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hearing aid

a compact electronic amplifier worn to improve one's hearing, usually placed in or behind the ear.
Origin of hearing aid
First recorded in 1920-25 Unabridged
Based on the Random House Dictionary, © Random House, Inc. 2018.
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Examples from the Web for hearing aid
Contemporary Examples
Historical Examples
  • Poli shook his head an angry no and reached to turn off his hearing aid.

    Deathworld Harry Harrison
  • Only after the librarian had rummaged a hearing aid out of his clothes, did Jason realize he was deaf as well.

    Deathworld Harry Harrison
  • Switching on his hearing aid, the Pyrran stood quietly, crippled and bent, waiting for Jason to talk.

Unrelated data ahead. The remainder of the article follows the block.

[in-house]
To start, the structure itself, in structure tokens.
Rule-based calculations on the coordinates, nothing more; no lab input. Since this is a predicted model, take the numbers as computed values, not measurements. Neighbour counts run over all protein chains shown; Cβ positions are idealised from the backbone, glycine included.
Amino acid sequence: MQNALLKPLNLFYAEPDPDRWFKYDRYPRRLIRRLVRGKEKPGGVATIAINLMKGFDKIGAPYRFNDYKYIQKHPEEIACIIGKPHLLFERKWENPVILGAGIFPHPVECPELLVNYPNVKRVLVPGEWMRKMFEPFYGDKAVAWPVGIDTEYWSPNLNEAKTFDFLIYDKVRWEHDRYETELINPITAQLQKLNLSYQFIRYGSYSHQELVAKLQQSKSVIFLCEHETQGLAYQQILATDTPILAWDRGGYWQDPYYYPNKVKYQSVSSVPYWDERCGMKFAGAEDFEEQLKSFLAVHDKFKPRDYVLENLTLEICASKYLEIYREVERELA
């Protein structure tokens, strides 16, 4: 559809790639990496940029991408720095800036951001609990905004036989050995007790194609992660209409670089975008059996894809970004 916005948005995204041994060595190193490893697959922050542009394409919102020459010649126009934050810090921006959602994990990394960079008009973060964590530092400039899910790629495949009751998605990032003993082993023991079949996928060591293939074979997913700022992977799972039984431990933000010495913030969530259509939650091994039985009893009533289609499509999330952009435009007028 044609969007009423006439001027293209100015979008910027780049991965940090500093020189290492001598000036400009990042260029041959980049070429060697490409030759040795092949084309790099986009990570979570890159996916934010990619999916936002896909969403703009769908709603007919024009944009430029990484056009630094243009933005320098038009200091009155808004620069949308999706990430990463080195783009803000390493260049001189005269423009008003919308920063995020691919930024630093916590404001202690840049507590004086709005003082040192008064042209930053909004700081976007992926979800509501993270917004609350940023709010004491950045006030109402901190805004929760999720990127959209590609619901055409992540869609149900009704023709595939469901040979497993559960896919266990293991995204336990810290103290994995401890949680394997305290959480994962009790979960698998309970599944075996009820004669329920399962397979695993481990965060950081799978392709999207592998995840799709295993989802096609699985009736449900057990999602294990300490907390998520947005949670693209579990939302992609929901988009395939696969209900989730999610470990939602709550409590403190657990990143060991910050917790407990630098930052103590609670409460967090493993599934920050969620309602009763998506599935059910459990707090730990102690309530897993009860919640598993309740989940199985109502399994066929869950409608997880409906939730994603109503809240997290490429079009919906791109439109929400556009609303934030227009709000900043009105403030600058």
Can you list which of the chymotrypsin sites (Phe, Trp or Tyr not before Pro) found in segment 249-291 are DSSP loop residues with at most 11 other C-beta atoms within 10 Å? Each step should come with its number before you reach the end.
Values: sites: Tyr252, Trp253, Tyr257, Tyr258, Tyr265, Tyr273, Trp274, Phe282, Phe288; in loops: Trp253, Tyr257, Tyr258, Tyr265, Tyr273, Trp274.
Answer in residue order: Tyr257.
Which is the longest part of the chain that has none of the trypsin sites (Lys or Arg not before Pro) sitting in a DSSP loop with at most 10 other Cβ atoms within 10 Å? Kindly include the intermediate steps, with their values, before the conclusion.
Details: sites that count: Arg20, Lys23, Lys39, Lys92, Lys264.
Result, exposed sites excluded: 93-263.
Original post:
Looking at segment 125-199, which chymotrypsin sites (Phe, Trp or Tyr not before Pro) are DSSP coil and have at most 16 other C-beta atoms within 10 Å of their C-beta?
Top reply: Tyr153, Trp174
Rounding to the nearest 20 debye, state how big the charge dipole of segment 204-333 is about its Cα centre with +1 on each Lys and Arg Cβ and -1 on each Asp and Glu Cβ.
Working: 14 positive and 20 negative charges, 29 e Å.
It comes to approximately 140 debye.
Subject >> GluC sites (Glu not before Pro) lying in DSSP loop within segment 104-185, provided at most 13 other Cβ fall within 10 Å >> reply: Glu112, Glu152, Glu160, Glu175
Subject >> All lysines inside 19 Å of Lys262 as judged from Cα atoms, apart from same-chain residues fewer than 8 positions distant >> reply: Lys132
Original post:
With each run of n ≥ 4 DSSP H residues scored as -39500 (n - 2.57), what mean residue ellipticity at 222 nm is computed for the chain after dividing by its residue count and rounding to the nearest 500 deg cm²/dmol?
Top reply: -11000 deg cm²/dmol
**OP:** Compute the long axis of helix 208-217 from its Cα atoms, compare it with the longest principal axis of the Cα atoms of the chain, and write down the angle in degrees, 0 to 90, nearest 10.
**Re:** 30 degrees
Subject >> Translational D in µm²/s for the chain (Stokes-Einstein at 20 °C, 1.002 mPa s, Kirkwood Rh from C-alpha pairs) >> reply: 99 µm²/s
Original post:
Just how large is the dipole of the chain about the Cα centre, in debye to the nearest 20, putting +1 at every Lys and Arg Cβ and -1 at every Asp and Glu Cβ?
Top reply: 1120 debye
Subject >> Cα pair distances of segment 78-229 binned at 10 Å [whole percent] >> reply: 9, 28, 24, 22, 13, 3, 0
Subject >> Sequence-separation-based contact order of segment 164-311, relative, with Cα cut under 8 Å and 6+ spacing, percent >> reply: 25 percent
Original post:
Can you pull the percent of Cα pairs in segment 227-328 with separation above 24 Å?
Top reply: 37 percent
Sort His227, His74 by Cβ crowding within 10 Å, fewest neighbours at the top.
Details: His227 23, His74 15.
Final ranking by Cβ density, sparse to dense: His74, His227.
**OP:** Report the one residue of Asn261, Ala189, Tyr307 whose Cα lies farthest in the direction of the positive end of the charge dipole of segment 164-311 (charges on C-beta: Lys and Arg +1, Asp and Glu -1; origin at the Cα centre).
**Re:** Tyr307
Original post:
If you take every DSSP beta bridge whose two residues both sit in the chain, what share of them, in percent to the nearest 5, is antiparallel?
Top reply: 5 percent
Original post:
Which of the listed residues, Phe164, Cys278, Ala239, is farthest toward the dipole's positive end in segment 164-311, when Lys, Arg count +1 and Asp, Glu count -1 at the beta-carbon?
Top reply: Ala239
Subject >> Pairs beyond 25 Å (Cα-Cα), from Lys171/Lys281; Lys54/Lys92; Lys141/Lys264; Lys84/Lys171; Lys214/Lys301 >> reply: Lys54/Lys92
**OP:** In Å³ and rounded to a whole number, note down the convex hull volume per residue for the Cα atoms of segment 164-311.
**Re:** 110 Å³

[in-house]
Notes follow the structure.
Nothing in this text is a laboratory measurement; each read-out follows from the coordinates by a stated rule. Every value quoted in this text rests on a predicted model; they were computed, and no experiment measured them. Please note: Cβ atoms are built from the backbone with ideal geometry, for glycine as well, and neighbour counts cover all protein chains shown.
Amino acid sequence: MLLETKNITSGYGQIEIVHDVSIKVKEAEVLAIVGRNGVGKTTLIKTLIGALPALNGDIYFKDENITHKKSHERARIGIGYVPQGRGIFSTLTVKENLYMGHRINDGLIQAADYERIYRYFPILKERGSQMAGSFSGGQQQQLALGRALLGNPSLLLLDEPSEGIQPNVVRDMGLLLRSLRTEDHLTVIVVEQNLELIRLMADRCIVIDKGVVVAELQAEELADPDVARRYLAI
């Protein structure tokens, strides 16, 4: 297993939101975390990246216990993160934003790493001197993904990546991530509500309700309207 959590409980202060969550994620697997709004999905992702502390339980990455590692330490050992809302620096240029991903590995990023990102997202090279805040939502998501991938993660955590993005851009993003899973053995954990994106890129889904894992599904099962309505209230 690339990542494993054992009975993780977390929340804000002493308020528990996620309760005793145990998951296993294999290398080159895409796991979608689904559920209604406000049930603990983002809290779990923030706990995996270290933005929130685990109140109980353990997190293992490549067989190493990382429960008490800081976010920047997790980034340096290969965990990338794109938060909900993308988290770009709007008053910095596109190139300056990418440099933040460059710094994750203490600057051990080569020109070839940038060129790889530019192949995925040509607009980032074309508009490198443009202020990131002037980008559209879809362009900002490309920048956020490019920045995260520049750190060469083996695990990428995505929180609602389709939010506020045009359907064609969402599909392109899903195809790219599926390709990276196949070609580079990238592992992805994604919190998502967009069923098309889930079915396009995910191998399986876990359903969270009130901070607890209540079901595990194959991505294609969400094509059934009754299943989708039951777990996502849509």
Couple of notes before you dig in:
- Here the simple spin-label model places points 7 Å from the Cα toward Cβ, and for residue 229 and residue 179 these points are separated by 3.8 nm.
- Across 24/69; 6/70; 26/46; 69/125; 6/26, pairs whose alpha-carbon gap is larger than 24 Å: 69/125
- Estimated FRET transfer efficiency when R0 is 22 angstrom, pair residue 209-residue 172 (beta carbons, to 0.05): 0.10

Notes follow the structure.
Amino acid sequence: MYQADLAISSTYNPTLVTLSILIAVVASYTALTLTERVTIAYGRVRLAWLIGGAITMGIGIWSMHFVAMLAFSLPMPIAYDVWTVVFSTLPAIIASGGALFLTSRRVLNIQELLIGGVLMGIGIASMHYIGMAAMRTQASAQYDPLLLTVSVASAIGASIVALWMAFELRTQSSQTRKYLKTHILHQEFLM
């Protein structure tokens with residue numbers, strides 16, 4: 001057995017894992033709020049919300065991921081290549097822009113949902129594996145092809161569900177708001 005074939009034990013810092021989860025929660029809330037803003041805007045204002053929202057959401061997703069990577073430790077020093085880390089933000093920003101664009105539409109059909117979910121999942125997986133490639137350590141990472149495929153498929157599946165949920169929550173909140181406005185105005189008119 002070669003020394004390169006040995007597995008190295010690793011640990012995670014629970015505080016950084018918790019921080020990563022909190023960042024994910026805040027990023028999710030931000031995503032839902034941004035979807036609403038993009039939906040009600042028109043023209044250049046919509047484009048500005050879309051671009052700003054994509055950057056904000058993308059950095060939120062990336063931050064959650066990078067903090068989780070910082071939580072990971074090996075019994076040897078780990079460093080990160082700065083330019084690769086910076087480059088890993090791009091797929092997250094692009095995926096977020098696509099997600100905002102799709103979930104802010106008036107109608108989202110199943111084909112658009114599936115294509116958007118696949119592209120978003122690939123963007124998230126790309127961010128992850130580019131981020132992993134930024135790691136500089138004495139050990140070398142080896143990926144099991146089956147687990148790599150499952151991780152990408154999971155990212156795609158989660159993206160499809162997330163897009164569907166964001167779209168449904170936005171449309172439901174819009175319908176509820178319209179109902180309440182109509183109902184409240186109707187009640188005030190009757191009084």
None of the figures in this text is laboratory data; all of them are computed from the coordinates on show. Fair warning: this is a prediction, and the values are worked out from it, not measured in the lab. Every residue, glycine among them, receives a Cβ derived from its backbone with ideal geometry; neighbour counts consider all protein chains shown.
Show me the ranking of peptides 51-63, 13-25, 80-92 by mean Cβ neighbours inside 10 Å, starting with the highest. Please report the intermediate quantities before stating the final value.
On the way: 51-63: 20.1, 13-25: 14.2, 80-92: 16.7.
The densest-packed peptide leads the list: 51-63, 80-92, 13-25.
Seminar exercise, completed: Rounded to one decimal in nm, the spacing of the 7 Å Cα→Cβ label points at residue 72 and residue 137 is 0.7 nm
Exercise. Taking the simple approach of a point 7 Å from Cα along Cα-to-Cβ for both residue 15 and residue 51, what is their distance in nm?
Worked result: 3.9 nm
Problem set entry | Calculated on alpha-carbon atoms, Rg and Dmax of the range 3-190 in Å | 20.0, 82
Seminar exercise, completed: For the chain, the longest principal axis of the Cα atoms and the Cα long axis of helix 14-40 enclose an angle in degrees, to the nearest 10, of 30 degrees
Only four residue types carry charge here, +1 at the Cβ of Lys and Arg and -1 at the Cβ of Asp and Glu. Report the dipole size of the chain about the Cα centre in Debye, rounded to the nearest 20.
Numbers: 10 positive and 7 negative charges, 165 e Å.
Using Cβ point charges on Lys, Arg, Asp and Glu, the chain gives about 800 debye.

Deathworld Harry Harrison
  • The hearing aid symbolized what Hurd had been told about it, as opposed to the reality which he saw with his own eyes.

    The Instant of Now Irving E. Cox, Jr.
British Dictionary definitions for hearing aid

hearing aid

a device for assisting the hearing of partially deaf people, typically consisting of a small battery-powered electronic amplifier with microphone and earphone, worn by a deaf person in or behind the ear
Collins English Dictionary - Complete & Unabridged 2012 Digital Edition
© William Collins Sons & Co. Ltd. 1979, 1986 © HarperCollins
Publishers 1998, 2000, 2003, 2005, 2006, 2007, 2009, 2012
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hearing aid in Medicine

hearing aid n.
A small electronic apparatus that amplifies sound and is worn in or behind the ear to compensate for impaired hearing.

The American Heritage® Stedman's Medical Dictionary
Copyright © 2002, 2001, 1995 by Houghton Mifflin Company. Published by Houghton Mifflin Company.
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